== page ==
As many as 40 percent of the clients served by Esperanza, HOPE’s partner in the Dominican Republic (D.R.), come from Haiti. Lingering discrimination, as well as language barriers, can prevent Haitians from finding decent employment in the D.R., and immigrants are frequently marginalized or even taken advantage of.
In some communities, called bateyes, companies seek low-wage laborers to harvest sugarcane. The vast majority of these workers are of Haitian descent, leading to higher concentrations of immigrants. The back-breaking labor generates little income—but HOPE is at work in many of these communities. Small business loans and basic business training give many the opportunity they’ve been seeking.
Alejandro, a loan officer working with Esperanza in a batey community, has been moved by the plight of so many of his clients. Though Haitians are not highly regarded by most Dominicans, Alejandro believes that one way in which he can share God’s love with his clients is by learning their language. On his own time, he’s studying Creole in the hopes of building trust and establishing rapport.
What percent of your clients are of Haitian descent and speak Creole as their first language?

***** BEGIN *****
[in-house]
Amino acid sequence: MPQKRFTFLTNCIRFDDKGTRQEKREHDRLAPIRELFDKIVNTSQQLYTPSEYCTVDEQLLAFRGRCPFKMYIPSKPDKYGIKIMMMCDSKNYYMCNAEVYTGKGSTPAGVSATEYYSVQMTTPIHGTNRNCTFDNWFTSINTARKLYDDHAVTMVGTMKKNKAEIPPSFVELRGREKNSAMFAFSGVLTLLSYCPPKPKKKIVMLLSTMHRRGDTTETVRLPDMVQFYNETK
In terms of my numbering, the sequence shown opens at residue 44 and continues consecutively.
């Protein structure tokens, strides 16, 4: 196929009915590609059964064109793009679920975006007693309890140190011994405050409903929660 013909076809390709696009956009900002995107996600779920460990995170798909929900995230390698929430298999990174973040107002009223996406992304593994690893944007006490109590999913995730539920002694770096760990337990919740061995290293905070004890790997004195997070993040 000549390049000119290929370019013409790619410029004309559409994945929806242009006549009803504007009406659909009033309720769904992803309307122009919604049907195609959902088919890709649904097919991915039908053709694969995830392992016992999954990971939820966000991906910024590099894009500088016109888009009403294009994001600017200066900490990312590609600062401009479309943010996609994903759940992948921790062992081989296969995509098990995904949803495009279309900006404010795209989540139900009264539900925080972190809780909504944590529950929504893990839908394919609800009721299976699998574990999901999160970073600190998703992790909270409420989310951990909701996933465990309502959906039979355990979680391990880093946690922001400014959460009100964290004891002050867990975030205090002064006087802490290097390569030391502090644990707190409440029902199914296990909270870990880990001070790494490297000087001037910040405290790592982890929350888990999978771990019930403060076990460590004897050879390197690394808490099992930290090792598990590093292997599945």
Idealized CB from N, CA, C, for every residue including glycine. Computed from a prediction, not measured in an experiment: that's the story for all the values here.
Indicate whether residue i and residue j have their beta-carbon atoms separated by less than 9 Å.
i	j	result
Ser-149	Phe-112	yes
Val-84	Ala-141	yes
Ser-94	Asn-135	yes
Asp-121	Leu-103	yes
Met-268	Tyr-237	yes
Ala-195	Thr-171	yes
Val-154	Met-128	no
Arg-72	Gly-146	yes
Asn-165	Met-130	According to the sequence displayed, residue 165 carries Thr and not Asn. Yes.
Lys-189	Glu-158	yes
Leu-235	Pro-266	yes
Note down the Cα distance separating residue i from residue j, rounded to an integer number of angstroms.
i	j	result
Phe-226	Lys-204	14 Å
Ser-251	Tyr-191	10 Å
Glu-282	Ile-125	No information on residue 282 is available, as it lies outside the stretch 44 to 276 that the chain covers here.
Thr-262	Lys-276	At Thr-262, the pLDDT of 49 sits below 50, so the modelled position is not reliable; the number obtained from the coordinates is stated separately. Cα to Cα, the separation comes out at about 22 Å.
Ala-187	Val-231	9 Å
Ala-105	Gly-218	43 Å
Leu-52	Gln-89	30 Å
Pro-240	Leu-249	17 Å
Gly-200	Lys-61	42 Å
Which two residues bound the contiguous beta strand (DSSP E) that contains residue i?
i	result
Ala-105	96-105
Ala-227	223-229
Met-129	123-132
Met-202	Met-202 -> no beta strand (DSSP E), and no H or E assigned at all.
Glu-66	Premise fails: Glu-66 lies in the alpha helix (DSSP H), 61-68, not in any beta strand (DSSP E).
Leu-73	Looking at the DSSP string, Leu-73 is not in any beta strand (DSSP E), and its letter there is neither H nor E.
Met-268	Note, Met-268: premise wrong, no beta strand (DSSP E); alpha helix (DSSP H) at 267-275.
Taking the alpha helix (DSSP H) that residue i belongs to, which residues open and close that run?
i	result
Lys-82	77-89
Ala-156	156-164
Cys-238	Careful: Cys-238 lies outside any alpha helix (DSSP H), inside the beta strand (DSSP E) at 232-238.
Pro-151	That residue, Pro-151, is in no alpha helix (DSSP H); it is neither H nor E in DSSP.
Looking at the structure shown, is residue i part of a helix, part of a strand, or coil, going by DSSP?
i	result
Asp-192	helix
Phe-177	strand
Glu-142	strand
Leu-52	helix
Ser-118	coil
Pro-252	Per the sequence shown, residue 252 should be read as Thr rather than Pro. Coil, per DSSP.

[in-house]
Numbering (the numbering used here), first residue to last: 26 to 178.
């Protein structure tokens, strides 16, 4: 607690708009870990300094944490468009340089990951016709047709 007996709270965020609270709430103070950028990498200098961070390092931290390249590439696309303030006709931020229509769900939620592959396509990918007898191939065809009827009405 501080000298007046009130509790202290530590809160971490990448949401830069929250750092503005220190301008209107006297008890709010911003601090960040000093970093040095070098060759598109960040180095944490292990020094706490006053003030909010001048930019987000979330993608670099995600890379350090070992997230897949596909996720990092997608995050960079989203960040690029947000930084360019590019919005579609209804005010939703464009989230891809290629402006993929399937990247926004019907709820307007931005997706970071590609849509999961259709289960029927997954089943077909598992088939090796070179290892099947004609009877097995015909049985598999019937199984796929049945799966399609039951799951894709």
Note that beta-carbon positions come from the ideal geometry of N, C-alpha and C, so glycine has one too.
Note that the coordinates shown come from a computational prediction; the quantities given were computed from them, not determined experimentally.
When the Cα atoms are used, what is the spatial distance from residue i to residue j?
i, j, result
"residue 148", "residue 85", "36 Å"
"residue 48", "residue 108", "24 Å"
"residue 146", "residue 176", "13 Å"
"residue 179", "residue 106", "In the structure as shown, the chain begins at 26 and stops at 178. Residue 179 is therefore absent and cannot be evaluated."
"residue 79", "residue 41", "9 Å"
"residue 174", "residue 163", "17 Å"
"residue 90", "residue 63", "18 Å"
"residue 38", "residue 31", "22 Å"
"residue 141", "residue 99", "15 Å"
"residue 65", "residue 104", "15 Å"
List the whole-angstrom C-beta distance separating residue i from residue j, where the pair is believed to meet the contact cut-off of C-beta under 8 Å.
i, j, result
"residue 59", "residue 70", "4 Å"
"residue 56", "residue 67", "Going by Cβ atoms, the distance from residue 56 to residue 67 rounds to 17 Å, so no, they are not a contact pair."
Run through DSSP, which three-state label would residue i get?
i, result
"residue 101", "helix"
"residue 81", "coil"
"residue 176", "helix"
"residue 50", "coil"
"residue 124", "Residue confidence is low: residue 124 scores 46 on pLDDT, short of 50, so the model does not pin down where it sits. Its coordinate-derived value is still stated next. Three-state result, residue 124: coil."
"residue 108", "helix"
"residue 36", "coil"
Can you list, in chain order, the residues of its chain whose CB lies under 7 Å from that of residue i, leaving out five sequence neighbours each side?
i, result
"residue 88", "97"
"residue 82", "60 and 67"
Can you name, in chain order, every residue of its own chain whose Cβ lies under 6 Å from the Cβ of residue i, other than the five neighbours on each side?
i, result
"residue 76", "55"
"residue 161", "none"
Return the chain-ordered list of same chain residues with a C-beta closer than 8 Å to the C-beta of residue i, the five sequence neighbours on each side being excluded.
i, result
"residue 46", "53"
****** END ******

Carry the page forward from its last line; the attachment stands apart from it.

70 percent speak Creole, and approximately 60 percent of them were born in Haiti.
Why did you decide to learn to speak Creole?
I felt bad when my clients were speaking [Creole] and I didn’t understand them. It’s also a way to develop trust with [my clients].
Why is it important that you, as a loan officer, speak the native language of your clients?
This helps to build a more complete relationship between the loan officer and the client because I can interact with them directly … and they can approach me in trust and confidence.
How are you learning to speak Creole?
I am learning day by day through my interactions with my clients.
How have your clients responded to your desire to speak Creole? What does it mean to them?
It means a lot because it builds trust; their reaction has been one of amazement and trust.
How have your Haitian clients in the Dominican Republic been affected by last year’s earthquake in Haiti?
All of them have relatives in Haiti, and they were tremendously affected. Some lost loved ones or others they know.
Are there ways in which your clients have been able to help their relatives and friends who are still in Haiti?
Yes, they’ve helped by sending remittances. Some have even helped make arrangements for others to come to the Dominican Republic.